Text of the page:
So I haven’t blogged in a bit. Part of it is just trying to find inspiration in order to post quality blogs and not simply the mindless ramblings that happen to pass through my brain. But I’ve also been quite busy this summer. I’ve got lots of RA work with the Alberta Climate Dialogue project that I am an RA for AND I’m in the middle of Comps.
The UofA political science comps process is actually a really cool way of getting students read up on their sub fields. Rather than handing you an obscene reading list and sending you on your merry way to read, remember, and regurgitate, the UofA process asks us to compile our own lists and write a 40 page paper on the state of the field and produce a syllabus for that respective subfield. In case you were wondering, my two subfields are political theory and comparative politics.
As I am interested in long-term policy problems I get to use this comps opportunity to really dig into some of the intergenerational justice literature. Part of my argument is that the current dominance of liberal political theory, with its assumptions about the priority of individuals and individual rights and interests, lacks to theoretical resources to effectively respond to problems like climate change with regard to how they will affect future generations of not-yet-born individuals. We need to think generationally (that is collectively) in order to act temporally.
One of the most central problems that any text on intergenerational justice is likely to highlight is the Non-Identity Problem that was proposed by Derek Parfit in Reasons and Persons in 1984. The non-identity problem challenges general assumptions about what it means to “affect” the future, following the general democratic principle known as the all-affected principle whereby those who are affected by a decision have a right to have a say in it. Parfit suggests that decisions to address problems or to make the future better will alter who will come to exist. Consider two alternative scenarios: person A exists in a world ravaged by climate change or because actors addressed climate change the person B comes to exist in place of person A but in a world where climate change has been mitigated. In such a case, you cannot say that person A is affected because the alternative would be for that individual to not exist at all. Existence in a deleterious environment is assumed to be better than no existence at all. Essentially Parfit suggests that we should take any context as an assumed given – something which flies in the face of basic common sense with regard to future issues.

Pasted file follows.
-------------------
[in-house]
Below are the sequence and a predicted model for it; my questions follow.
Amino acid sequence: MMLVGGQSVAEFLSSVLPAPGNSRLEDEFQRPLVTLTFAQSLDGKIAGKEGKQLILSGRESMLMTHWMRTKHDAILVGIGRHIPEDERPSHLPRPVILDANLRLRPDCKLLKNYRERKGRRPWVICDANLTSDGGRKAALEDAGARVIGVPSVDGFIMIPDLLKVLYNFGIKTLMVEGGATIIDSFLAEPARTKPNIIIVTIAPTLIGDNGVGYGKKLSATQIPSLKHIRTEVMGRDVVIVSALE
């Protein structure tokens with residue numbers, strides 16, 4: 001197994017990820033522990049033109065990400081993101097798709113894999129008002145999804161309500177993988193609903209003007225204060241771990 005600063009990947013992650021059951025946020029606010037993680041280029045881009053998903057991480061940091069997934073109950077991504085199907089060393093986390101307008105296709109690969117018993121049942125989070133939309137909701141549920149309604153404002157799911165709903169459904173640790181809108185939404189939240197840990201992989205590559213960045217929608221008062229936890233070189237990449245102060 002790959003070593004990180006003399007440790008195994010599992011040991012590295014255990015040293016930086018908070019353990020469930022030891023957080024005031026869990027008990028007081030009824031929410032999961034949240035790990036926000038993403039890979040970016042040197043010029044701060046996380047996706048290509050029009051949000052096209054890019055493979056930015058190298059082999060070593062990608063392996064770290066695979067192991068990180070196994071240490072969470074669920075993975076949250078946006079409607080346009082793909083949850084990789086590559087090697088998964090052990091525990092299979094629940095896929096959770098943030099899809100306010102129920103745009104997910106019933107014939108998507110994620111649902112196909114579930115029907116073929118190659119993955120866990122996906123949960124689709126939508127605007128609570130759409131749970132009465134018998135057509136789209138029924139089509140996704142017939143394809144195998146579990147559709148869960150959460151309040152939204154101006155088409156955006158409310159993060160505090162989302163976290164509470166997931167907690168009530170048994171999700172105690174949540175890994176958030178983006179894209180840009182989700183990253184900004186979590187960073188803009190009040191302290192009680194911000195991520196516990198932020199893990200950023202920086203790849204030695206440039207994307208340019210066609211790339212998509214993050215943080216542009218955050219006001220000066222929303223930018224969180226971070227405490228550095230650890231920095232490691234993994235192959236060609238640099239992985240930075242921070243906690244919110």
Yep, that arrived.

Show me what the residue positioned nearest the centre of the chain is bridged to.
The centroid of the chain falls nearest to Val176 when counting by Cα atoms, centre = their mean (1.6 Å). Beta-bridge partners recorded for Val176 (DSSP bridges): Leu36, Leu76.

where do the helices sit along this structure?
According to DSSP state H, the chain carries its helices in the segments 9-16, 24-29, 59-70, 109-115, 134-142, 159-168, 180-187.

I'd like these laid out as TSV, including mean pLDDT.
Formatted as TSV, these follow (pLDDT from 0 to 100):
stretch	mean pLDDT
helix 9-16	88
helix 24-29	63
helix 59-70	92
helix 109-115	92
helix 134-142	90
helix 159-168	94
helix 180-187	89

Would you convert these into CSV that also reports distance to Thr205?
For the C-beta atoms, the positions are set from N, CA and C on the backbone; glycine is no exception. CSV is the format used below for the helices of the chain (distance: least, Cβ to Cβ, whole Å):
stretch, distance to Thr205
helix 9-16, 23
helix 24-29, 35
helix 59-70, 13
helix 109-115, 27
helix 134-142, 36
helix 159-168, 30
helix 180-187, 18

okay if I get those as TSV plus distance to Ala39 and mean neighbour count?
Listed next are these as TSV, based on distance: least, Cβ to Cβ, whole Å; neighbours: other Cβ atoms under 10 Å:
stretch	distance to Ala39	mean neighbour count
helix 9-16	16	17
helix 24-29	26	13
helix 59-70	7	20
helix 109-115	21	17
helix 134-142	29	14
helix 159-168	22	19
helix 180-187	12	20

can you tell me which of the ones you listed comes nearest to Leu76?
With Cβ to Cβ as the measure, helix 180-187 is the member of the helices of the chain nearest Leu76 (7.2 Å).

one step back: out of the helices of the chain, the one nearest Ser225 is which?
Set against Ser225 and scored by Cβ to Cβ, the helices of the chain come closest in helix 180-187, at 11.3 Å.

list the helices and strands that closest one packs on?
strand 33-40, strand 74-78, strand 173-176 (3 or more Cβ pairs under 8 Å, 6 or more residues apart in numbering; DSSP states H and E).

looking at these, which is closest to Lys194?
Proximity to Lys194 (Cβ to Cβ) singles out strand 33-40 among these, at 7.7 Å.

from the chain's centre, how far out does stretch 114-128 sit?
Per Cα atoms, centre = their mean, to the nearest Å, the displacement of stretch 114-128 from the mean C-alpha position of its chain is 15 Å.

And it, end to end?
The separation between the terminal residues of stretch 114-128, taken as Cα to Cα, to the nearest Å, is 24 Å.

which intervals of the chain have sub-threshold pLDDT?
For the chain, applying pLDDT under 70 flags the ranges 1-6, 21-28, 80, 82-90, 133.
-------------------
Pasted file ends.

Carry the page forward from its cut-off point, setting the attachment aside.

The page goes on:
This problem has never sat well with me but often for reasons I could never really put my finger on. On the one hand, it seems to be a ludicrous conclusion that results in the over emphasis on individuals within liberal theory. If we think collectively for example, of course we are affecting future generations taken as a whole. The issue is about collective responsibility, and less about individual responsibility or individual (future) rights. My comprehensive paper is currently designed to address this particular facet – thinking about the common good and extending that to future generations. The common good takes as a given a particular community. Often this is defined as a nation-state, other times it can be particular subsets such as ethnic communities, religious communities, etc. Other approaches, like basic utilitarian approaches, view the common good merely as an aggregation of individual interests. The key is that these are all existing communities. My question is what theoretical resources exist that might allow us to extend our conception of the common good to future generations.
Another take on the non-identity problem, one that I just came across yesterday and really like, is to take issue with its sense of causality. Basically the problem treats as monocausal something that is multi-causal. The example used was a discussion between a father and a daughter, the daughter says
Dad, why did you drive all your life when you could have biked? Now you leave me with a world that is polluted because of all the exhaust from your driving.
To which the father replies:
But if I hadn’t been driving then I would have arrived home later than I did on the day you were conceived and you would not have been born so you can’t say that you have been affected by my driving.
That is the classic non-identity problem to which the daughter responds:
If you are trying to say that your driving made it possible for me to be conceived at such and such precise day and time (down to the second) there were other issues that came to play as well. You went golfing after work which delayed your getting home, there was heavier than usual traffic which also delayed you, when you got home you got yourself a drink of whiskey rather than come straight to bed with my mother….
…and you can imagine a whole host of other reasons why the father and mother conceived their child at precisely that time.
The result is that the question of who will come to exist is no longer as relevant as the non-identity problem suggests. This actually allows for one to take a more liberal approach to future generations thinking about the potential for all of us collectively to affect, and thereby be responsible for, the quality of life of future generations. Needless to say, this has been a fascinating week in the life of comps.